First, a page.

Over the course of my very long life, the meaning of beer has evolved, and with it, the fruits of a community full of beer lovers and appreciators.
Back in the 80s and early 90s, there wasn't a ton going on beer-wise. There were some small excursions into the craft brewery landscape, but really, all beer was made and owned by just a few companies, and most of it in the US was pretty vanilla.
As a kid, (15-19), growing up right outside of Chicago, it was easy to get beer, and my friends and I would use what little money we had every weekend to buy as much beer as we possibly could so that we could get very, very drunk. At the time, we were drinking whatever was cheapest; Milwaukee's Best, Stroh's, and Schaeffer always showed up every Friday at whoever's house we happened to be drinking in. If some of us felt flush, we might splurge and get a six pack of Heineken or Moosehead. In a sense, my appreciation for beer was as large as the extent to which it permitted me to escape the pain of my youth. For that, beer would always hold a special place in my heart.
When I moved to Portland in 1991, McMenamins, Weinhard, BridgePort, Widmer, and Portland Brewing were all brewing beer, and it was my first experience with beer that you drank to enjoy, not to get hammered. As I was 21, I was broke, but living in a small city that was crazy affordable, so I could actually go and get a good beer every once in a while when the mood struck. As my tastes developed, I started drinking beers that seemed more and more exotic, and as I learned to appreciate the many different kinds of beer that were being brewed in the PNW, I also noticed that the places in which to drink them were less like the bars of my youth and more like community meeting houses where people could sit together and enjoy a group dynamic not often found in the darkened bars of Chicago's nearby suburbs.
Flash forward to today in Bellingham, where there are roughly 14 breweries and several bottle shops which carry any type of beer you might want. I am a big fan of sours, dark beers, and the occasional IPA, and almost anywhere I go, I can find at least one beer that I am really excited to drink.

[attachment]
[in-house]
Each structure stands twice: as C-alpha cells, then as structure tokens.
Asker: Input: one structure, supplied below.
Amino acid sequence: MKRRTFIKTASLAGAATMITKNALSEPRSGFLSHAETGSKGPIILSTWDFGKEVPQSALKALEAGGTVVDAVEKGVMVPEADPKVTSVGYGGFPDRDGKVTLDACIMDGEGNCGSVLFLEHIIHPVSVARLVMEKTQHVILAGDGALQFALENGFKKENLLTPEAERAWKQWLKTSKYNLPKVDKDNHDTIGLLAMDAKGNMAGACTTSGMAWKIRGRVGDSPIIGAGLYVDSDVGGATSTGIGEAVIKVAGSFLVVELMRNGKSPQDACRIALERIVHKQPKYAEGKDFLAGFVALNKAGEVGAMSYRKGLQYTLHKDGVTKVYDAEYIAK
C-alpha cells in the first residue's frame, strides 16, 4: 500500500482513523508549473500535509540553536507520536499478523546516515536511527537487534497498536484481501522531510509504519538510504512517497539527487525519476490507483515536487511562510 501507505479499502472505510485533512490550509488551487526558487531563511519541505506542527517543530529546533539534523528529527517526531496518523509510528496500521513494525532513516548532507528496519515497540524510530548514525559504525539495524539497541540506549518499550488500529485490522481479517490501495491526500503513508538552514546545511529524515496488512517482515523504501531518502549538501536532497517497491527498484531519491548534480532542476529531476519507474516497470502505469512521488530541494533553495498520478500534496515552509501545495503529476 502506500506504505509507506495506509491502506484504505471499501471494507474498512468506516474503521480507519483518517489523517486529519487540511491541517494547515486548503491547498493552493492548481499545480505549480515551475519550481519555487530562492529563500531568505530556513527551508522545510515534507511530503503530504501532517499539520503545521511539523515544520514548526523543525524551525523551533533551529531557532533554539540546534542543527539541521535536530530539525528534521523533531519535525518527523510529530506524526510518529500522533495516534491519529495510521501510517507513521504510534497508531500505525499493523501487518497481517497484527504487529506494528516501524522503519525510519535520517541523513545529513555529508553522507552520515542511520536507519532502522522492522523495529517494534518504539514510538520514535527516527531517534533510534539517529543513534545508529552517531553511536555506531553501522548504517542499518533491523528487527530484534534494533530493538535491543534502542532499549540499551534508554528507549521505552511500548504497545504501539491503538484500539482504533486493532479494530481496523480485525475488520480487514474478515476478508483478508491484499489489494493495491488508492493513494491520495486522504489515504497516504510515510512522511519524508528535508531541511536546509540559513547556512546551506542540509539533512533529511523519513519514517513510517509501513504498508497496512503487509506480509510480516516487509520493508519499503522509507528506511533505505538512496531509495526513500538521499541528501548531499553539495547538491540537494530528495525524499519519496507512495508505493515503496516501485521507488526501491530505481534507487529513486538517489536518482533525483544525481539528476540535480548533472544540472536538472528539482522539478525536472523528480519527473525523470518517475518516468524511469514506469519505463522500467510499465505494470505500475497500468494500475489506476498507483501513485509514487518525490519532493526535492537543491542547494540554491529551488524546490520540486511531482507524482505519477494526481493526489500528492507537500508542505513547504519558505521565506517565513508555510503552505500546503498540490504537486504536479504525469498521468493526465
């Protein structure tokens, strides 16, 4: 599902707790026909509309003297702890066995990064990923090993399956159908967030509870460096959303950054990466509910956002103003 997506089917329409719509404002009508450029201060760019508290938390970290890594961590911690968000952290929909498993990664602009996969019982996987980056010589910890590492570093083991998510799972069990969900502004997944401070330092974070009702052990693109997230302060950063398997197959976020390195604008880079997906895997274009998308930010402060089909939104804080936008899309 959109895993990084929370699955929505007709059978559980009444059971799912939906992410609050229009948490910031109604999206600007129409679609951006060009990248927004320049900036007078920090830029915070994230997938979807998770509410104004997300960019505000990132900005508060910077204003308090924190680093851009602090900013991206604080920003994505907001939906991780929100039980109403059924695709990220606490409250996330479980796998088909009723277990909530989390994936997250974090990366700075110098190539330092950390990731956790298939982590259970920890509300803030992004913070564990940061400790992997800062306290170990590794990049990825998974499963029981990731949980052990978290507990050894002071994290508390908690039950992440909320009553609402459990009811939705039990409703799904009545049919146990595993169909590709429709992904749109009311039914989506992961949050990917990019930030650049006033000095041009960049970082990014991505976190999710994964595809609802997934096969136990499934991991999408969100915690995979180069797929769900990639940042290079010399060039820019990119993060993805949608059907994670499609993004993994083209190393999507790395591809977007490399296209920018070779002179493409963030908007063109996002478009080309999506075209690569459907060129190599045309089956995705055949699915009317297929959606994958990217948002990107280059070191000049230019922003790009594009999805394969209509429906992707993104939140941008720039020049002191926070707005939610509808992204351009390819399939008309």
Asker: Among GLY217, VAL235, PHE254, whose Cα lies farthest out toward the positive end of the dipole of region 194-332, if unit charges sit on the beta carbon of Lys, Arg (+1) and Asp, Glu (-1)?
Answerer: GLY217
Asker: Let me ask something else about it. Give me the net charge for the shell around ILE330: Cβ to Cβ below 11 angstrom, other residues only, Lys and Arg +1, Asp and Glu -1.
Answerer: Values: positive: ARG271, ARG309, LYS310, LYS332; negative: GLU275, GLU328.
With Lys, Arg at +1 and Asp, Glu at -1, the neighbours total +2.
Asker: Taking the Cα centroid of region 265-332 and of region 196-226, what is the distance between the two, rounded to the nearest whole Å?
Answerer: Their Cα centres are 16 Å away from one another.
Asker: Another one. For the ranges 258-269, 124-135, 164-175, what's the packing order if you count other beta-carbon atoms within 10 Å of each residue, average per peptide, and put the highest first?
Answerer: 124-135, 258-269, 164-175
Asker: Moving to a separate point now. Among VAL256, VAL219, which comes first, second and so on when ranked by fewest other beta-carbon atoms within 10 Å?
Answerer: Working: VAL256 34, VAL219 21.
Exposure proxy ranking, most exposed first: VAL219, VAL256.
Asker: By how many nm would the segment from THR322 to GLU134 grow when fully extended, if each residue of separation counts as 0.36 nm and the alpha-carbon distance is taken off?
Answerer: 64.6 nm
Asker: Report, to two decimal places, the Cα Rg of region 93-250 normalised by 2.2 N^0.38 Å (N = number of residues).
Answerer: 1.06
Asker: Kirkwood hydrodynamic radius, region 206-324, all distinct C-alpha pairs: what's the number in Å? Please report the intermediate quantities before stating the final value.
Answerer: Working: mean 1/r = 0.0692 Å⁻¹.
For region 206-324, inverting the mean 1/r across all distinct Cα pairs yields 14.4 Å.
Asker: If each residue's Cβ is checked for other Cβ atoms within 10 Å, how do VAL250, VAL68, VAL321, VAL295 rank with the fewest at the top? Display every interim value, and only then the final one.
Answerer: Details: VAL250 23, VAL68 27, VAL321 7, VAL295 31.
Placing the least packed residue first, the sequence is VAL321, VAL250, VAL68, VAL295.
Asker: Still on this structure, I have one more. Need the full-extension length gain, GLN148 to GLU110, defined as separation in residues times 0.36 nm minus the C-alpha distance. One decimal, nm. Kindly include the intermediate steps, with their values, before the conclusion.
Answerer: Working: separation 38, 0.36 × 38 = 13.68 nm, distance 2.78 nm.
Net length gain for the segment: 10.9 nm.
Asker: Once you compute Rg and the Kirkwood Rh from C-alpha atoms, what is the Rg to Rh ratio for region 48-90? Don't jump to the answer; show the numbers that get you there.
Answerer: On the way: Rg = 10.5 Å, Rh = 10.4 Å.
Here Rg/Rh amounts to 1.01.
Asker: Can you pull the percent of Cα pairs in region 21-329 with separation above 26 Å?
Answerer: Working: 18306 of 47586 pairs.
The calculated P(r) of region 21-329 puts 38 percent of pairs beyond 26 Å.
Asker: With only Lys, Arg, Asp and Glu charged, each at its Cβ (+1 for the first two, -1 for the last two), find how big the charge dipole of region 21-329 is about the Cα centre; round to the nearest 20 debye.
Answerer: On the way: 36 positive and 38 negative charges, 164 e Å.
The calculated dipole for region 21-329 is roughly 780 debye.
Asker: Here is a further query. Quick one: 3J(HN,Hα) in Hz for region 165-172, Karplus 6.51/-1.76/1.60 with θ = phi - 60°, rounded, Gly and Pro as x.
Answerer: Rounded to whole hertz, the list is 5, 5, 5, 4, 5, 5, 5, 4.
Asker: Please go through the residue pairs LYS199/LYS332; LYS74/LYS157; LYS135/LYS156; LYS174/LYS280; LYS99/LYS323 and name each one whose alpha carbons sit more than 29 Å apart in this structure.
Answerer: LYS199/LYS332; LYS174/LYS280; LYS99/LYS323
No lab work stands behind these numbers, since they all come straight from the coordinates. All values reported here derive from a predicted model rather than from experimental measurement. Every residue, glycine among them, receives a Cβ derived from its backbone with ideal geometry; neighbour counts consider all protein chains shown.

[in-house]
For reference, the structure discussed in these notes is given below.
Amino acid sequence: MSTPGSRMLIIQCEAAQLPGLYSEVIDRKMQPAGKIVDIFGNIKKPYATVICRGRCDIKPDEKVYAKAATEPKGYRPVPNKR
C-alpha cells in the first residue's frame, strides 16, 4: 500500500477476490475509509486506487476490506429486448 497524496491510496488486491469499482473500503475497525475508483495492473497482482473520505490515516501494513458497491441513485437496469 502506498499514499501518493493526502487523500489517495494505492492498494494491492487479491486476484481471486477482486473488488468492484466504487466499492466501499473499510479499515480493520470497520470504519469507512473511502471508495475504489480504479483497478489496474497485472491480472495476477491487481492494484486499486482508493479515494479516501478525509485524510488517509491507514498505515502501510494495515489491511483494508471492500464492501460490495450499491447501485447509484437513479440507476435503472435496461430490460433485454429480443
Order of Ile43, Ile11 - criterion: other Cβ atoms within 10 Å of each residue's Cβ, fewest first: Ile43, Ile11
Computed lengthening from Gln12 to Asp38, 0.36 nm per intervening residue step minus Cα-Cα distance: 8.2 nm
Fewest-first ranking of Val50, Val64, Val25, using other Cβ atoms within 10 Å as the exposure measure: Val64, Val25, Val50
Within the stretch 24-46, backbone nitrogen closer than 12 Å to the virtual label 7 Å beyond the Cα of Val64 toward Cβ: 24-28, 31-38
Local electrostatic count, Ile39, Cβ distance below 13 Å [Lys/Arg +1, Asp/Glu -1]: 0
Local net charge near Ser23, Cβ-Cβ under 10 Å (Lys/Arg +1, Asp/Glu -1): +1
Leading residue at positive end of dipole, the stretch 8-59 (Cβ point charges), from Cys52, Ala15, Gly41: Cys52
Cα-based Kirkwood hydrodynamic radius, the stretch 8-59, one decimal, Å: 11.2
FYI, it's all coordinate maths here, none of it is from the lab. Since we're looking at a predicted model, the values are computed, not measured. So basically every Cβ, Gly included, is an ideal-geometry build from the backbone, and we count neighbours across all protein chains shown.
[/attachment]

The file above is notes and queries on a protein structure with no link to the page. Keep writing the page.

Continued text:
That's why I was so happy to find Larrabee Lager Company in the Cordata area of Bellingham. Located across from the Bellingham Food Co op on Westerly Rd, Larrabee is located in an area with very little going on, beer-wise, which is saying something for Bellingham. The space is large, filled with long community tables and two central areas in which to imbibe and eat. Each area has large screen TVs on which to watch your favorite Seattle team, and the atmosphere is what could only be described as rustic kitsch.
When we asked for a flight of beer, the staff let us know that there were ten to choose from, and we would have eight in the flight. We chose all but one of the lagers, and stared in awe at the size of the glasses we were given for our flight.
The other reason I wanted to try Larrabee was the pizza. I had heard great things about the pie at this brewery, and ever the hopeful skeptic, I wanted to try it with someone who is just as much of a pizza snob as I am, if not more so.
It was a quiet afternoon in the brewery, though there were plenty of people in there. Most of them were staring intently at the screens playing the Seahawks game. We sat down with our flight and went around the circle, each trying every beer. We used my friend's pint of IPA to "cleanse" our palettes between tastes. We both enjoyed Larrabee's Hefeweizen intensely. We both also really liked the Gose, the IPA, and their signature lager. The other beers were solid, but not really my favorite types of beer. Overall, the beer, the space, and the service was impressive.
The food menu is sparse, but I have never seen that as a bad thing at any place I have ever eaten. On the contrary, it is usually a good sign when a place is not offering to cook you anything under the sun. In addition to the three apps and three salads, Larrabee offers, there are six kinds of pizza they will make for you. They can make them with a gluten free crust or vegan cheese, but as that is not anything I would ever do by choice, it is somewhat of a non-issue. With great hope, we ordered the spicy sausage pizza. We were both pretty hungry, but doubted that the pizza would be anything more than a way to fill our stomachs. As you can see, the picture to the left is of the pepperoni pizza, which we decided to order half-way through eating the spicy sausage pizza. We ate that one too fast for me to get a pic for the blog post. If you are a person who expects a certain level of quality and intention in your pizza, look no further than Larrabee Lager Company.
This pizza brought a Ratatouille moment for me as I chomped on the pizza and guzzled my beer. Waves of childhood memories flooded my mind, and in those fleeting moments, I had the insight to appreciate the wisdom that comes with age and experience with the childlike-wonder of food that makes you feel like you are home.
I will be going back to Larrabee Lager, and I will bring my friends. Hopefully enough to fill up one of those long tables with stories, laughter, beer, and pizza.